(The Center Square) – Lisa Brown has prevailed in the race for Spokane mayor.
Brown held a 2,822-vote lead over incumbent Nadine Woodward with about two dozen ballots left to count, according to updated tallies posted Monday by the Spokane County Auditor’s Office. Woodward conceded afterward.
Final results from the Nov. 7 general election must be certified by Nov. 28 and submitted to the Secretary of State’s Office in Olympia.
Brown wasn’t waiting, issuing a statement Friday declaring victory.
“I’m very grateful to have been chosen by the voters to be the next Mayor of Spokane,” Brown wrote. “Thank you to the volunteers and everyone who believed in our vision of a better way. I’m ready and excited to go to work for the city that we love.”
Following Monday’s update, Brown was leading by 4 percentage points over Woodward – 36,435 (51.7%) to 33,613 (47.7%). Brown had incrementally expanded her advantage since leading by 1,577 votes on election night.
Woodward did not concede in a statement issued Saturday, saying she “intended to see this through to the final ballot,” but then acknowledged her pending loss Monday evening.
Woodward said she had congratulated Brown and intended for her office to provide an orderly transition to the mayor-elect.
“Being able to serve the city I love as mayor has been an honor and a privilege,” Woodward said in a Monday night statement. “We embraced the opportunity in every challenge, put the community first in everything we did, and accomplished so much to advance your priorities.”
Spokane continues its reputation for one-term mayors. The 61-year-old Woodward, a former longtime local broadcast journalist, will be the 11th of the past 12 mayors to serve only a single four-year term as the city’s top elected official.
Brown, 67, is a former state Democratic legislator, state Department of Commerce director, chancellor of Washington State University’s Spokane campus, and college economics instructor. She will begin her term Jan. 1 as the city’s 46th mayor and fifth woman to hold the position, which will carry an annual salary of $179,148.
During their campaigns, both candidates listed public safety, reducing crime, economic development, and addressing homelessness, affordable housing, and a potential budget shortfall as primary issues.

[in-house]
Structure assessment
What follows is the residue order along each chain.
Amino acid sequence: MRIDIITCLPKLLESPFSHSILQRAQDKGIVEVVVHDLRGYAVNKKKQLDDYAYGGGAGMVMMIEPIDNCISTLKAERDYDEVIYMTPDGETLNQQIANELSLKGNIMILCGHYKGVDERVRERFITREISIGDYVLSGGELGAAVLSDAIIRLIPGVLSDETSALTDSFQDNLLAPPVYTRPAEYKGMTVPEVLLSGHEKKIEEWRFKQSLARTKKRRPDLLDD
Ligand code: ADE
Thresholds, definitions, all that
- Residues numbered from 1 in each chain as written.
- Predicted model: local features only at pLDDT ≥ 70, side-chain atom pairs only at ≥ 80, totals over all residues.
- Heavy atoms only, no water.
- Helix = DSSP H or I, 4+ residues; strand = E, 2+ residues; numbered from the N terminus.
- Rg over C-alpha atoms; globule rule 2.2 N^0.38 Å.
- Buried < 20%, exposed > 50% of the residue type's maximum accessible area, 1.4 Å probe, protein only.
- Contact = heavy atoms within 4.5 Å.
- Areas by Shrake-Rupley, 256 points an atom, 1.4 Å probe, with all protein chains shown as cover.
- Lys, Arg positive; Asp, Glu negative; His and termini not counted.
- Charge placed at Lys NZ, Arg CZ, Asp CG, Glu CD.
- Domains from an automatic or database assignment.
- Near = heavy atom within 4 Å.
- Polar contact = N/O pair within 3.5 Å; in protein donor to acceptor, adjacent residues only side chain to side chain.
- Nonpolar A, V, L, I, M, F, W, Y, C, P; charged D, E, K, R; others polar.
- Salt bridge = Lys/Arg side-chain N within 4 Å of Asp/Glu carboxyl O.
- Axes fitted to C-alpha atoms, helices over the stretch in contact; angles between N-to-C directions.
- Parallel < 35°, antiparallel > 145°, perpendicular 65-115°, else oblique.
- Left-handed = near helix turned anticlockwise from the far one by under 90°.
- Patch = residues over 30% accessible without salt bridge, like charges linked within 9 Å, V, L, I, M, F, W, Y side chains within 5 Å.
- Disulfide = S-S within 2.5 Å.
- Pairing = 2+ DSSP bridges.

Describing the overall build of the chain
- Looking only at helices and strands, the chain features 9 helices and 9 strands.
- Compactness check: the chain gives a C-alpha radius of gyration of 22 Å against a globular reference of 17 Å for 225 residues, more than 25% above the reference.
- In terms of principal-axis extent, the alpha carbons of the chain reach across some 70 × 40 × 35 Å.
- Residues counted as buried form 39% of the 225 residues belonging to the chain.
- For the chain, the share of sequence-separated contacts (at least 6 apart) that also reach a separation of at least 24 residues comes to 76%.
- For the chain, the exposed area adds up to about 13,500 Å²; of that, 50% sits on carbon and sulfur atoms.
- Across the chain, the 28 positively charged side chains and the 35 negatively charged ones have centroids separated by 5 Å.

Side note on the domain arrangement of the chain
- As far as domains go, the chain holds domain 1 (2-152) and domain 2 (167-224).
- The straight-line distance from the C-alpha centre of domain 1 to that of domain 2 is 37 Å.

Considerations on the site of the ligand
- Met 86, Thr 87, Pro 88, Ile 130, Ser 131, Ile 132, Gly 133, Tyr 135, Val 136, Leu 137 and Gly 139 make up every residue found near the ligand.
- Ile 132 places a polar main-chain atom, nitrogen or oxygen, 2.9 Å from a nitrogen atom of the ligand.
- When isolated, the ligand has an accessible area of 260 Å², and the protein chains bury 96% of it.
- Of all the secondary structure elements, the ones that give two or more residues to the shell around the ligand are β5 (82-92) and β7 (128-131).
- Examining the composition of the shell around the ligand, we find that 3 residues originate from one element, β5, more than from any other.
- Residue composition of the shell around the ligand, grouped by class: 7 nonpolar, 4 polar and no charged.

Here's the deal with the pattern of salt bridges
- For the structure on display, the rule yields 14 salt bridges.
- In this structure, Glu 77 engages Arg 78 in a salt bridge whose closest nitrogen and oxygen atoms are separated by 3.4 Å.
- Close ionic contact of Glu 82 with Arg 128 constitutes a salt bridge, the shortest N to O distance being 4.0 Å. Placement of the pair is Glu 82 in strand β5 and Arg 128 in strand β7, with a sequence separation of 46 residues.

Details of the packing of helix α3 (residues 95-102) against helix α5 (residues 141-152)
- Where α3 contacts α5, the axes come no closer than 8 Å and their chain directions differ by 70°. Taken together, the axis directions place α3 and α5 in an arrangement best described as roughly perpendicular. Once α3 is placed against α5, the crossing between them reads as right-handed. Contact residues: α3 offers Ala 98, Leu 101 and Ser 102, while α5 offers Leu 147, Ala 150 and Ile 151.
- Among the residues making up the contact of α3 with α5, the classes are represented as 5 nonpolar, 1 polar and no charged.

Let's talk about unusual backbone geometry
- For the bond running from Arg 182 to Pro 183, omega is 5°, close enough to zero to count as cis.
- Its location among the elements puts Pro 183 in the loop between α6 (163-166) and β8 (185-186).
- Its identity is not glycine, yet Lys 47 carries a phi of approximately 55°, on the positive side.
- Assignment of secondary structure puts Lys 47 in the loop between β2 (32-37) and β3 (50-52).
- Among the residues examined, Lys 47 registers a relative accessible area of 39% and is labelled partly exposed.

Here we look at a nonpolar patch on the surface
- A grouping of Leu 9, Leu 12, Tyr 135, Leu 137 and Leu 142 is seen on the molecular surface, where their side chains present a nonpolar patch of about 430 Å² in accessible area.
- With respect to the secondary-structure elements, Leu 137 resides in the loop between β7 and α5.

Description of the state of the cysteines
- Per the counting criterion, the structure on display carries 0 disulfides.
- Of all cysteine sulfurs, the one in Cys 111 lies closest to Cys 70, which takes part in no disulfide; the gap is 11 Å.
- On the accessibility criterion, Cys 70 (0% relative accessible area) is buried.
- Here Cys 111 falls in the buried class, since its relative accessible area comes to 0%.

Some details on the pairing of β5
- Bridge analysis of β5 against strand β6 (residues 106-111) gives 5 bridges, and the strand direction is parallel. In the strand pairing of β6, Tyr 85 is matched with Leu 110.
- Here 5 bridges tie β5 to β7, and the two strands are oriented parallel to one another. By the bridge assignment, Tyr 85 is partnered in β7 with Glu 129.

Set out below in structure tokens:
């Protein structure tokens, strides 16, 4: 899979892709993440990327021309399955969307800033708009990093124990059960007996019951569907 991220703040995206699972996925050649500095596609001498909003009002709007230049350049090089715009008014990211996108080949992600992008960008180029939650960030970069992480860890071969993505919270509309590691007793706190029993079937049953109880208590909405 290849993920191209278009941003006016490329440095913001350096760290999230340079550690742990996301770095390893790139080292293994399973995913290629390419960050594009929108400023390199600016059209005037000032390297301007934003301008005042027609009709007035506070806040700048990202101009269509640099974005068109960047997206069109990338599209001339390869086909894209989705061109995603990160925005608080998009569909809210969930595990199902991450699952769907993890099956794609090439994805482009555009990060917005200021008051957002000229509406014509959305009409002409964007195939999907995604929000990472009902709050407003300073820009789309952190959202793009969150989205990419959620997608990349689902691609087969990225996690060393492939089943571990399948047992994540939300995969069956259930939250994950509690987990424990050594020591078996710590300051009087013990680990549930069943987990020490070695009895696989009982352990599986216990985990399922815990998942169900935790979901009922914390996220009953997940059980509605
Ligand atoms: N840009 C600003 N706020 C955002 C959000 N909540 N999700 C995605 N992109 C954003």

Although the mayor and city council positions are non-partisan, Woodward got backing from Republicans, business interests, and conservative outlets. Brown was endorsed by Democrats, organized labor, and progressive organizations. Each candidate received over $500,000 in campaign donations.
Brown received criticism over a controversial ad inferring Woodward prayed for Spokane to be enveloped in flames, referencing a prayer at a service the mayor attended. Woodward said she was unaware that she would be sharing a stage with former Republican lawmaker Matt Shea in a prayer for the safety of area firefighters.
The two differed on two significant ballot initiatives considered by Spokane voters. Woodward supported and Brown opposed Measure 1 – a proposal to raise the countywide sales tax by 0.2% over 30 years for criminal justice funding to the county and its cities and towns – and Proposition 1 – which calls for banning homeless encampments within 1,000 of schools, parks, playgrounds, and child care facilities within town.
Measure 1 was roundly rejected by voters (63% opposed, 37% in favor) on Nov. 7.
Proposition 1 passed with nearly 75% of the vote, although an appellate court ruling is pending on whether a local initiative could legally be placed on the ballot.
Brown is predicted to bring a more-liberal tilt to the mayor’s office, which coincides with the majority makeup of the seven-member city council. Three council seats were up for election and two were open seats in which progressive candidates prevailed.
In District 2, Paul Dillon garnered 53.1% of the vote to outpoll Katey Treloar. In District 3, Kitty Klitzke had a strong showing, getting 59.4% of the vote against Earl Moore.
In District 1, incumbent Michael Cathcart, deemed one of two more-conservative council members, won re-election with nearly 56% of the vote against challenger Lindsey Shaw.
In the race for city council president, current council member Betsy Wilkerson holds a 4,500-vote and 6%-point advantage over former business owner Kim Plese. Wilkerson will succeed current council chair Lori Kinnear in the new year.
Spokane County has 363,058 registered voters and, as of Monday, election officials processed 155,164 ballots with only 25 ballots remaining to tally. Voter turnout was 42.7% countywide.